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Haier cuts stake in CICC
Before the Shanghai listing of China International Capital Corp. (CICC) at the end of 2020, an investment branch of Haier Group (Qingdao) Jinying Holding Co. purchased a nearly 10% interest in China's oldest investment bank. However, the relationship between the two entities now appears to be cooling, as Haier publicized that they decreased their ownership to 6.32% from 8.26%.
Haier attempted to dismiss the sale of its shares, claiming it was due to a need for cash. Indeed, such sales by pre-IPO investors are not unusual after a few years when they are looking to secure some of their profits. However, this action indicates a more subdued attitude towards Chinese investment banks compared to two years ago.
In November 2020, when CICC was launched in Shanghai, it was met with an enthusiastic response from investors that pushed its stock up by 44%, the maximum daily limit. The surge in interest was due to CICC's rising standing among global banks and was further fueled by its lead role in underwriting the Ant Group's IPO, which was estimated to be valued at $37 billion and would have been the largest in the world at the time.
Just 24 hours after its initial approval, China abruptly denied the Ant Group listing, beginning a widespread regulatory clampdown on sectors ranging from top tech firms to educational programs. The increased supervision of overseas listings by Chinese companies sent a wave of fear through the stock market, in which CICC had been earning a great deal of money.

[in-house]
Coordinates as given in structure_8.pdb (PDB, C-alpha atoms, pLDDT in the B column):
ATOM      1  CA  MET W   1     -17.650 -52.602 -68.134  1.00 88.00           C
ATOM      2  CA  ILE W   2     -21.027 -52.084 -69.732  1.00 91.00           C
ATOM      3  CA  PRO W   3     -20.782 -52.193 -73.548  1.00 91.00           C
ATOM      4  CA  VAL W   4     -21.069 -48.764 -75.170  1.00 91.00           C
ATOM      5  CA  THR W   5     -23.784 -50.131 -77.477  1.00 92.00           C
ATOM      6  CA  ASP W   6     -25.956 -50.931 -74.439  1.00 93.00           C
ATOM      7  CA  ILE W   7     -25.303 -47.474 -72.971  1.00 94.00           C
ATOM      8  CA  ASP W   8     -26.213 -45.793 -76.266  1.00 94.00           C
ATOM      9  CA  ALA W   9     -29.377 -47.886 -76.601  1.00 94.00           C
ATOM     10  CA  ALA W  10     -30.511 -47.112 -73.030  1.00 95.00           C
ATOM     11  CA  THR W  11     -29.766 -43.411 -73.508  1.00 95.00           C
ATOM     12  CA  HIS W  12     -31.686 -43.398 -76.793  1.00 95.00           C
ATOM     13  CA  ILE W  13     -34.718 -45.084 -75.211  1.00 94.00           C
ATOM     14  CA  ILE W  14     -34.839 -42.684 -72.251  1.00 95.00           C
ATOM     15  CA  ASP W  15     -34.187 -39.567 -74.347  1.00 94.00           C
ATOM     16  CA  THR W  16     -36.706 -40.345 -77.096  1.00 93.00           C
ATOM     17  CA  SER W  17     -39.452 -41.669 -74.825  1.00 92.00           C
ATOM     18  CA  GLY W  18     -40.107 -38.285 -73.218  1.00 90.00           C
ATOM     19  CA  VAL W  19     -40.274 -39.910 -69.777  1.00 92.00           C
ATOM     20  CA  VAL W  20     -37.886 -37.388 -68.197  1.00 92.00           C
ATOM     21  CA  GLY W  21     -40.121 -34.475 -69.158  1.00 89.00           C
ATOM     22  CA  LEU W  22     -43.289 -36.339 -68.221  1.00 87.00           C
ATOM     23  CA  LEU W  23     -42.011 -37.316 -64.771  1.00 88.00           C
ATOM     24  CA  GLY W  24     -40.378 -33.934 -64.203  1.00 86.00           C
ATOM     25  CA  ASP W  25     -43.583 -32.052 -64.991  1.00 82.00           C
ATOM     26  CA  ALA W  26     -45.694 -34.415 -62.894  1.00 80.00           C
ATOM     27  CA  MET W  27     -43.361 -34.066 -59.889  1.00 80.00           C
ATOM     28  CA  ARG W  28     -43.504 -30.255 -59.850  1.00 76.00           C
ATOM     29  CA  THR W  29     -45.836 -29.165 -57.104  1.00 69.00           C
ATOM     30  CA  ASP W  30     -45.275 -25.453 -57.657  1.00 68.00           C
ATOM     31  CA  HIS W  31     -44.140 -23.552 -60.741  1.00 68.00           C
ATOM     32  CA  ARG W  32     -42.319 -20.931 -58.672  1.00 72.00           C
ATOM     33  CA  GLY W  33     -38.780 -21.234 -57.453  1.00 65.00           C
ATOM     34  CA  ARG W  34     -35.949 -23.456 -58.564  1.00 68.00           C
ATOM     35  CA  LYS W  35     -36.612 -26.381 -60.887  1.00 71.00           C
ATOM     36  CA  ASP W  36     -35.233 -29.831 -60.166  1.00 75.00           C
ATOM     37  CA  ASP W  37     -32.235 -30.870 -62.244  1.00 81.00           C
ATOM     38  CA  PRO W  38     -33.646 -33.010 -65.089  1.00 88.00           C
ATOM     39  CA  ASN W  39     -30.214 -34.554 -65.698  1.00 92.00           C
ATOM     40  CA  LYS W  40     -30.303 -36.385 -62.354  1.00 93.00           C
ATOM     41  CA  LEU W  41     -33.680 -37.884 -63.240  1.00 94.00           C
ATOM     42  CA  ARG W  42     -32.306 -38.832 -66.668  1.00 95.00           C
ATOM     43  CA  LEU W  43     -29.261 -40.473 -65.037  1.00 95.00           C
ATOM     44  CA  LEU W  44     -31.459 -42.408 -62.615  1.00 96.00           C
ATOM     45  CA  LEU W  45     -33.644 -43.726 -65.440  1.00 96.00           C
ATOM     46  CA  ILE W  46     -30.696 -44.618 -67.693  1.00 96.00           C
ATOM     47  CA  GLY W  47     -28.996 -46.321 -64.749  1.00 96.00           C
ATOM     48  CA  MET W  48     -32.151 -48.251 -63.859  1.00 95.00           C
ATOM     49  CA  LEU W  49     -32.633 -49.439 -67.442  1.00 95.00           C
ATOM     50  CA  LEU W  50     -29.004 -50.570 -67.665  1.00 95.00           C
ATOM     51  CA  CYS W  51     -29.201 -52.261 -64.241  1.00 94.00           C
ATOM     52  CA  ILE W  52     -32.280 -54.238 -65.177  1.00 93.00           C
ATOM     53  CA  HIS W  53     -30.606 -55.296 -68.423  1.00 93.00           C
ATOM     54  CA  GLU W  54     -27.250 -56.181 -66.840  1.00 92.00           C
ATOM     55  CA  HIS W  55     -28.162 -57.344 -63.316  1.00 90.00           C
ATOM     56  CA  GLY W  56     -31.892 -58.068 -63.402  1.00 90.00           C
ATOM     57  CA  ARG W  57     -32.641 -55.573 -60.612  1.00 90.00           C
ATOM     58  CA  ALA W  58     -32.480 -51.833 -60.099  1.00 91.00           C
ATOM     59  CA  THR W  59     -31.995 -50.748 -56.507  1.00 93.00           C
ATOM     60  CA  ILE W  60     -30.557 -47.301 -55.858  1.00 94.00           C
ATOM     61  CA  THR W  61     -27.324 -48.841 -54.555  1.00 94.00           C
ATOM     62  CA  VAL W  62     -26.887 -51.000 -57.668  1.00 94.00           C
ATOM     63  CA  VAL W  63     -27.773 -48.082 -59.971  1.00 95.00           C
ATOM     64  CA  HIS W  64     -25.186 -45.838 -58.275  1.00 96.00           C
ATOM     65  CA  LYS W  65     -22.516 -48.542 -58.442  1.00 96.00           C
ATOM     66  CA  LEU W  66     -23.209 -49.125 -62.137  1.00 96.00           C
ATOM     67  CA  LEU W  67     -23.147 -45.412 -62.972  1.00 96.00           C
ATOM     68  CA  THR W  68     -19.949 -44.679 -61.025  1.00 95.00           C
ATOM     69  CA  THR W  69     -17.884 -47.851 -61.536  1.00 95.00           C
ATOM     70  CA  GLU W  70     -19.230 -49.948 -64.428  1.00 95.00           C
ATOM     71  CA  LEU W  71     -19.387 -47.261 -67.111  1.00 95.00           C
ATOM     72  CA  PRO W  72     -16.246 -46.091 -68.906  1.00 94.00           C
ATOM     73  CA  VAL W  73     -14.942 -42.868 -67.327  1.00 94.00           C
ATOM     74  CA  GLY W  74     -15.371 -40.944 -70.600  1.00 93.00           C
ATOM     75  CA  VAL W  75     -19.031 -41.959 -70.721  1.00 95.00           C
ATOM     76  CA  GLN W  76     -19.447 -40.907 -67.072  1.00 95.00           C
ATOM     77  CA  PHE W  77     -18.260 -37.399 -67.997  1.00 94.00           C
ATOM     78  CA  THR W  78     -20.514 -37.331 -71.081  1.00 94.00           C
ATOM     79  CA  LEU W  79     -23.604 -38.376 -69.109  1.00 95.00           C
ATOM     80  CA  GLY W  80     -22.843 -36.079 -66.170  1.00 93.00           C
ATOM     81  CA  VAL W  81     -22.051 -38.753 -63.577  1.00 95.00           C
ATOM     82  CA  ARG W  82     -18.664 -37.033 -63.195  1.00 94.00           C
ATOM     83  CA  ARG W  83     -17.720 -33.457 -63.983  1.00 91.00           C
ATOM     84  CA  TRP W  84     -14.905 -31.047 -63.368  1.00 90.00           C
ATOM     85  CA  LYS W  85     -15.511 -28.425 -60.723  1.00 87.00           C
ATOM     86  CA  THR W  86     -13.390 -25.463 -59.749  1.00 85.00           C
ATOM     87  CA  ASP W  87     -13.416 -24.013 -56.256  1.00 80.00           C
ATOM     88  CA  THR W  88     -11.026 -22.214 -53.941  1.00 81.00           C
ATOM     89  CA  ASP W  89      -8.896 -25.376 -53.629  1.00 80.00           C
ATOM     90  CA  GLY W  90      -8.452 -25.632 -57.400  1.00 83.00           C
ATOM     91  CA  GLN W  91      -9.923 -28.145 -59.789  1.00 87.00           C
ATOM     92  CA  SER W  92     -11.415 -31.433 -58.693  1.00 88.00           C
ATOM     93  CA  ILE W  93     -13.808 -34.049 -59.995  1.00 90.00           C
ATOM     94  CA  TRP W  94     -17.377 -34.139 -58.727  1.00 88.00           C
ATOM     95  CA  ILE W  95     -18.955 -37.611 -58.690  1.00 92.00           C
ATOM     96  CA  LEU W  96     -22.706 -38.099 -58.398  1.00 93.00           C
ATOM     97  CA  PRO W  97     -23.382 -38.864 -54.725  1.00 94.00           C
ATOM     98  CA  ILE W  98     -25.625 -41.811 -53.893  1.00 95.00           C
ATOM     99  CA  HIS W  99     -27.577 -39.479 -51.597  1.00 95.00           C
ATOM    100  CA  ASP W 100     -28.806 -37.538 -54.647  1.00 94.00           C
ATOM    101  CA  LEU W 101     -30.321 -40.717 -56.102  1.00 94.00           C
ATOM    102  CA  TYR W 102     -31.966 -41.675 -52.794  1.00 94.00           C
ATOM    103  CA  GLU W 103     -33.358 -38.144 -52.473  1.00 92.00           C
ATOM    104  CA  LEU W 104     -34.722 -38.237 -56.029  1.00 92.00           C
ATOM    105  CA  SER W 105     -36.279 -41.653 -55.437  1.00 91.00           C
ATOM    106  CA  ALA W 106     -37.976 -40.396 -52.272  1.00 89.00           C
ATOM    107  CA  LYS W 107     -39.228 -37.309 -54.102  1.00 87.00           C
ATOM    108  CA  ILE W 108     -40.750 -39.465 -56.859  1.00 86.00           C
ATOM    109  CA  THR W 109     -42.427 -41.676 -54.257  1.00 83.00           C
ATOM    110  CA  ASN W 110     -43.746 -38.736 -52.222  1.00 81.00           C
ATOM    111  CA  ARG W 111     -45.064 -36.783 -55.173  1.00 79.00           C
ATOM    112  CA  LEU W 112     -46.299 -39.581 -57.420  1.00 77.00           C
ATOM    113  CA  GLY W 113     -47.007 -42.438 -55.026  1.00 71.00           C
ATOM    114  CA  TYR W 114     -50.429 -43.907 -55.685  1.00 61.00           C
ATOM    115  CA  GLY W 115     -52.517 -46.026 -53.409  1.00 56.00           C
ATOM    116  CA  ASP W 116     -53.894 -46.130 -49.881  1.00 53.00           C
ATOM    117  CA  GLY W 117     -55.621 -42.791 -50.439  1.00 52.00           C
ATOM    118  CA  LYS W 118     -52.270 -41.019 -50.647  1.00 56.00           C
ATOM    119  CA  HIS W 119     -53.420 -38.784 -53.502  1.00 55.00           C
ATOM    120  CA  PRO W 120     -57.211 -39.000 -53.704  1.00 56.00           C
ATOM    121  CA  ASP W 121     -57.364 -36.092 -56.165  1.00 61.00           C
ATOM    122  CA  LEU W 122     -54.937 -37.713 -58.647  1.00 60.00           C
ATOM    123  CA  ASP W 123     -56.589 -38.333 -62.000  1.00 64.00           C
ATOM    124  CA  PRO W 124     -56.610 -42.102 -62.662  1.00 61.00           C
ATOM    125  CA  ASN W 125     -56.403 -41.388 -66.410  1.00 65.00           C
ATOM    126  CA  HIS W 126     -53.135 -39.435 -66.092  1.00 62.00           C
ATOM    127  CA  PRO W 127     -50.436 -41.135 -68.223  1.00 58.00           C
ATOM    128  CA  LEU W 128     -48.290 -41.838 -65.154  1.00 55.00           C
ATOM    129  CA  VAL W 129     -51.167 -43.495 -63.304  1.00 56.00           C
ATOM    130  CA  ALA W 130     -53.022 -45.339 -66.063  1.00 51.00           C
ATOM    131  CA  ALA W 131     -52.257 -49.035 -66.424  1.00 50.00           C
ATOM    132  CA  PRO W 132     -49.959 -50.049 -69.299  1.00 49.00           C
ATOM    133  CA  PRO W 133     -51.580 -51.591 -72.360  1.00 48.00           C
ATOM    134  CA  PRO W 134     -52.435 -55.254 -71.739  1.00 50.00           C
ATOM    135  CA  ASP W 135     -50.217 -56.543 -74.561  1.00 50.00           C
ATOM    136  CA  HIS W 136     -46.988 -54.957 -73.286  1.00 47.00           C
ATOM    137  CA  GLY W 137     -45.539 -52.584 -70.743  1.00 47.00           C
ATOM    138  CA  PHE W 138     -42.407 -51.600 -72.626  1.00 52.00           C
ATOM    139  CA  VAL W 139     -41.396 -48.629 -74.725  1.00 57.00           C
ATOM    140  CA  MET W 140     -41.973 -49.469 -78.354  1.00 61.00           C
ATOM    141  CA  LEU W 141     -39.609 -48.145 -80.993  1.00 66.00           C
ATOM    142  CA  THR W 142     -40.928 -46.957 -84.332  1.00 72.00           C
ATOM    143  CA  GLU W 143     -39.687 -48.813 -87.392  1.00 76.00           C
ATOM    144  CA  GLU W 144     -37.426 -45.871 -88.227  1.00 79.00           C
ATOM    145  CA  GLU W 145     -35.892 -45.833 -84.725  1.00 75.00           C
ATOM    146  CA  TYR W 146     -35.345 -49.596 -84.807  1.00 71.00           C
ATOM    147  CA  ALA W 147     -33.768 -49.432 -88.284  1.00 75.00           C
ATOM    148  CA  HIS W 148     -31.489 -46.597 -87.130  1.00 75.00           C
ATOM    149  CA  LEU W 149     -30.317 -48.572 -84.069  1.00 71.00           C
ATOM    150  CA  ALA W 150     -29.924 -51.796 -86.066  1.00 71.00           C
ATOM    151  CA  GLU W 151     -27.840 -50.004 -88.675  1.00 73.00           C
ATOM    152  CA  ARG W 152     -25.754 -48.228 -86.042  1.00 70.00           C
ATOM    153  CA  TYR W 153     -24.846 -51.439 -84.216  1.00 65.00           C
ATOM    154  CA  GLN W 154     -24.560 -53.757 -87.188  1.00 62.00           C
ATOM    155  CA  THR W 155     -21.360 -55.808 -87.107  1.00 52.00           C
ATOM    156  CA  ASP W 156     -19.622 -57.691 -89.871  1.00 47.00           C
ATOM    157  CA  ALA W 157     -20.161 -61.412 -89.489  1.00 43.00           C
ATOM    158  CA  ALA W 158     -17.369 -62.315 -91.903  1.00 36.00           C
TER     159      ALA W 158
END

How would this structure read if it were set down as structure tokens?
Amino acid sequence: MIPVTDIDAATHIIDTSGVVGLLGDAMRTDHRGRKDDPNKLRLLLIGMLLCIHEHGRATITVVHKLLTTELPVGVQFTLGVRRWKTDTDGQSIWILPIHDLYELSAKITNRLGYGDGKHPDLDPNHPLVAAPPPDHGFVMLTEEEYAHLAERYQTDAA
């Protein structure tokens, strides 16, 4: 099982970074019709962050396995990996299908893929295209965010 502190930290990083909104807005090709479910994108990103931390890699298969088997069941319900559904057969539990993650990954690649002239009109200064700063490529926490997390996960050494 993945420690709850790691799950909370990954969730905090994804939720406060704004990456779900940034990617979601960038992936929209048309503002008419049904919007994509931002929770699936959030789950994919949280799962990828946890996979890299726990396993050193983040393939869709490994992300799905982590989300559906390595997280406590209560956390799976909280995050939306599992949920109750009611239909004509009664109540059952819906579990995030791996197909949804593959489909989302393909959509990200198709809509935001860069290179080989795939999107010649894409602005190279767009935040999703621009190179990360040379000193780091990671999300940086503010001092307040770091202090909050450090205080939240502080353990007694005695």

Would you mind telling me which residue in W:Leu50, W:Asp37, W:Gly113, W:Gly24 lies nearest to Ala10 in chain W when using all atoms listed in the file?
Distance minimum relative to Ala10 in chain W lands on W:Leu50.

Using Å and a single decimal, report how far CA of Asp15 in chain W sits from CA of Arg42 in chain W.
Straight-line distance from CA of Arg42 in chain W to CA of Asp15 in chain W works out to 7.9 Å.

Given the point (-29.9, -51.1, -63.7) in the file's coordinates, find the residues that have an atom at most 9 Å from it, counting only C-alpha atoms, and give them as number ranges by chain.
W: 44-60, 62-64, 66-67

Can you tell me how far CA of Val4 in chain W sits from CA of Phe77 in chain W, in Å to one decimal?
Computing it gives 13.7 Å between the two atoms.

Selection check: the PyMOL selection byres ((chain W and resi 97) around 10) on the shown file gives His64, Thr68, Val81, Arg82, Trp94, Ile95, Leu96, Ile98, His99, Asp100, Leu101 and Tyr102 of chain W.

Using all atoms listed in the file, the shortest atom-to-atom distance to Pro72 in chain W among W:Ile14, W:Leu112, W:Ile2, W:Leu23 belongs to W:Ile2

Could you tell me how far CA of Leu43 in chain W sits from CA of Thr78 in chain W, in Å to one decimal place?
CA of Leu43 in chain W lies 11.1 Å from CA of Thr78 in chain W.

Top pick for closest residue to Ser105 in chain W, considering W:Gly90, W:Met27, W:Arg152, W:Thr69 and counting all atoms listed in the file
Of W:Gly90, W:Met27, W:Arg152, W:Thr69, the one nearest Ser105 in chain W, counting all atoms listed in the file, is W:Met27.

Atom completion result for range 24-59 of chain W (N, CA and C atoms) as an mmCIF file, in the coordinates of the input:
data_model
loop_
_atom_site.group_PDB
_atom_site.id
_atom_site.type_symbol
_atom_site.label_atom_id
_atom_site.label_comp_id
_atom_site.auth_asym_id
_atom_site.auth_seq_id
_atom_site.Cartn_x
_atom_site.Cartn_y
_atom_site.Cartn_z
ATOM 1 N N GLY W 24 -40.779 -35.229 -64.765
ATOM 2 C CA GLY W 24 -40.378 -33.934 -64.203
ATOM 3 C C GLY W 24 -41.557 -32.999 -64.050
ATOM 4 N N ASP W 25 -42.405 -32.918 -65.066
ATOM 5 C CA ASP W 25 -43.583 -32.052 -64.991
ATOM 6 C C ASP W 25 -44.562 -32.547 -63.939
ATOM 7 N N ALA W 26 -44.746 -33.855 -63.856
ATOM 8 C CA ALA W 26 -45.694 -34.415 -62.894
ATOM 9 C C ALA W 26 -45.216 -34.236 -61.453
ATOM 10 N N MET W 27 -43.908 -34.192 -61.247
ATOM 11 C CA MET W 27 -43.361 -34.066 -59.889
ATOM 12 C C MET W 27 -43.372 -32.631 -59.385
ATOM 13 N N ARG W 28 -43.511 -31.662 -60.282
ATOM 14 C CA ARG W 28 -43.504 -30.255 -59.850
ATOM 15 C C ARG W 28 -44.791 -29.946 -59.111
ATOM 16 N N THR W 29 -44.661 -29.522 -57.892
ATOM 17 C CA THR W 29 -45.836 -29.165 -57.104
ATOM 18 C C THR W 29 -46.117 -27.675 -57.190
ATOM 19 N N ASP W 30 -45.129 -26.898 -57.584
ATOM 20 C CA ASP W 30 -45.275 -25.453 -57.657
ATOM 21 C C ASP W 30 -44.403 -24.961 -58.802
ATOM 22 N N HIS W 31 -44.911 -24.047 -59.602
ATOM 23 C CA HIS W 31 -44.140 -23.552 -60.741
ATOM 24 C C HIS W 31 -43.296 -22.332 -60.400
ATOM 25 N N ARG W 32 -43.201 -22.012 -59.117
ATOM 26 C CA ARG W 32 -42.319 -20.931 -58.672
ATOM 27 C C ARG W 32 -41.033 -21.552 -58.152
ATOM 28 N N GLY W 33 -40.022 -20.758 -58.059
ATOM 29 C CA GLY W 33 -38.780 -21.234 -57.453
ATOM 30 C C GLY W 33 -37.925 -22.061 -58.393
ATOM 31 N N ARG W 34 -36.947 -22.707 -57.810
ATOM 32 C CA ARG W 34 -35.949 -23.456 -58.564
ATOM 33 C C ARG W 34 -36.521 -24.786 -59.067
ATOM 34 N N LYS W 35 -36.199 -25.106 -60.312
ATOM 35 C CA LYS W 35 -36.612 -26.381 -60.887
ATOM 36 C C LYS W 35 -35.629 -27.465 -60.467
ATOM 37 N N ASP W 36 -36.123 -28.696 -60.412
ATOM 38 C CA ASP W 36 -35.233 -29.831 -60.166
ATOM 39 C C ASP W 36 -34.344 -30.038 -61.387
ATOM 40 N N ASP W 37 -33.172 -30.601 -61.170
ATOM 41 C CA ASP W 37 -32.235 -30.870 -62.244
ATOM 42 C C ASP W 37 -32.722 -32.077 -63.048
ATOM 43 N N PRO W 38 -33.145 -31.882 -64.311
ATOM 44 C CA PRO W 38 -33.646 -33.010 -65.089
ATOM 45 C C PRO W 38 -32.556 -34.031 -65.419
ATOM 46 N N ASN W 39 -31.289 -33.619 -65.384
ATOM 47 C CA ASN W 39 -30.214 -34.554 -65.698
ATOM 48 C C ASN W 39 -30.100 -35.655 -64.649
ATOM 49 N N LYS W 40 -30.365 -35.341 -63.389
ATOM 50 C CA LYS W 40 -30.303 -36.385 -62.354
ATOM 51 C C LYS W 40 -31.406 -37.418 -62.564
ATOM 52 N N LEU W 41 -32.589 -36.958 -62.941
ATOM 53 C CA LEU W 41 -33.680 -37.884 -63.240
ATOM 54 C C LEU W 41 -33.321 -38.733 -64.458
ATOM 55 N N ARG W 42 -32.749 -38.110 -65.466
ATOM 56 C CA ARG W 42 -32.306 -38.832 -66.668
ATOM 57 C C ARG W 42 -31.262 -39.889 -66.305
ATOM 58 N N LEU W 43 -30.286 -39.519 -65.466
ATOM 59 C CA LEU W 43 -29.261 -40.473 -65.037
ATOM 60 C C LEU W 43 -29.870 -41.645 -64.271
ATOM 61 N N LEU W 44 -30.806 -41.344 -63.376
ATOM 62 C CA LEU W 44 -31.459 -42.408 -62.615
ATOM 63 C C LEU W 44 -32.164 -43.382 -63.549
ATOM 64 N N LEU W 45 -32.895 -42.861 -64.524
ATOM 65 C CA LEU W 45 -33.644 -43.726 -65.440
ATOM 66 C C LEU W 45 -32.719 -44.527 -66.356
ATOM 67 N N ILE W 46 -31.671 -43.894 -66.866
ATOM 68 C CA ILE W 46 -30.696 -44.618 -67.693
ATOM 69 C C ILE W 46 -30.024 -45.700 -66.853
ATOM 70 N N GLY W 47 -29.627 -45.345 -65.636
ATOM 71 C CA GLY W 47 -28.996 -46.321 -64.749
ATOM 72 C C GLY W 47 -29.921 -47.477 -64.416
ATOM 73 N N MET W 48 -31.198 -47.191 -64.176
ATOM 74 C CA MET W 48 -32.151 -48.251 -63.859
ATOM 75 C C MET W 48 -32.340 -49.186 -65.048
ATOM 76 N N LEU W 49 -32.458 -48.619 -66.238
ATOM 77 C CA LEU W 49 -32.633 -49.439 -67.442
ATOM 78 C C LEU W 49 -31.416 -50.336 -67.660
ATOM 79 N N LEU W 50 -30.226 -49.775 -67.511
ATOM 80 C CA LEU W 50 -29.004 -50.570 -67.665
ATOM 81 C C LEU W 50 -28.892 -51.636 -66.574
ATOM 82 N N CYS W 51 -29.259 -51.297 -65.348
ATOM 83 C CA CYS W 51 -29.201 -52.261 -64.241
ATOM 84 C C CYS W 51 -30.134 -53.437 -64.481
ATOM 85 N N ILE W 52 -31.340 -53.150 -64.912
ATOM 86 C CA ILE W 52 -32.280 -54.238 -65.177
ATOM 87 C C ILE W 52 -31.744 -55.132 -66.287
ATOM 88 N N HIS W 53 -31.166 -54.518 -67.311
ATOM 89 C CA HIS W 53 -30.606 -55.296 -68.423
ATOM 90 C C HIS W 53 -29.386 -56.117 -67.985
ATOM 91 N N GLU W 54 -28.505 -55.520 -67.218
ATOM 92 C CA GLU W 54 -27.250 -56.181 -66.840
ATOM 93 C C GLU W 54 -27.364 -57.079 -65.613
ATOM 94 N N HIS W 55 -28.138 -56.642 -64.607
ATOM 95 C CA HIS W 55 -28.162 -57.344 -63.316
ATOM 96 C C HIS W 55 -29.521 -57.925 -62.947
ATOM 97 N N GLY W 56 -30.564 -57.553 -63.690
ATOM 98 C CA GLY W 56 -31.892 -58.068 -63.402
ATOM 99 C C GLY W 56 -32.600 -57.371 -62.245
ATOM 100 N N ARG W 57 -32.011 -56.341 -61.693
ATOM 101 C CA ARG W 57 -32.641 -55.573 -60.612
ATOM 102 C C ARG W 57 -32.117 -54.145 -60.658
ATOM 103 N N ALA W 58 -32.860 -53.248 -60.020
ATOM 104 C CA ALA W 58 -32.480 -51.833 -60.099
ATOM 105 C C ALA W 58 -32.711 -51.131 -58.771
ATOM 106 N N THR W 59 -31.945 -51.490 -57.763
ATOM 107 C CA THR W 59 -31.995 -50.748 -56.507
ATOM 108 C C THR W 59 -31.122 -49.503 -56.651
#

Currently, the stocks of CICC listed on the Shanghai Stock Exchange have fallen by more than 50% from their peak value earlier this year, notwithstanding the recent recovery. In addition, its Hong Kong-traded shares hit a six-year low at the end of October before they began to increase again. The bank is expecting a drop in both earnings and profit for the first time since the big market crash in 2016.
CICC's stock value has dropped significantly due to macroeconomic issues such as the global economic downturn, the weakening stock exchange, and the potential for more foreign competition. Additionally, there are business-specific problems that the organization is facing, as it is perceived to be the most internationally-oriented investment bank in China and once had Morgan Stanley as a partner and stakeholder.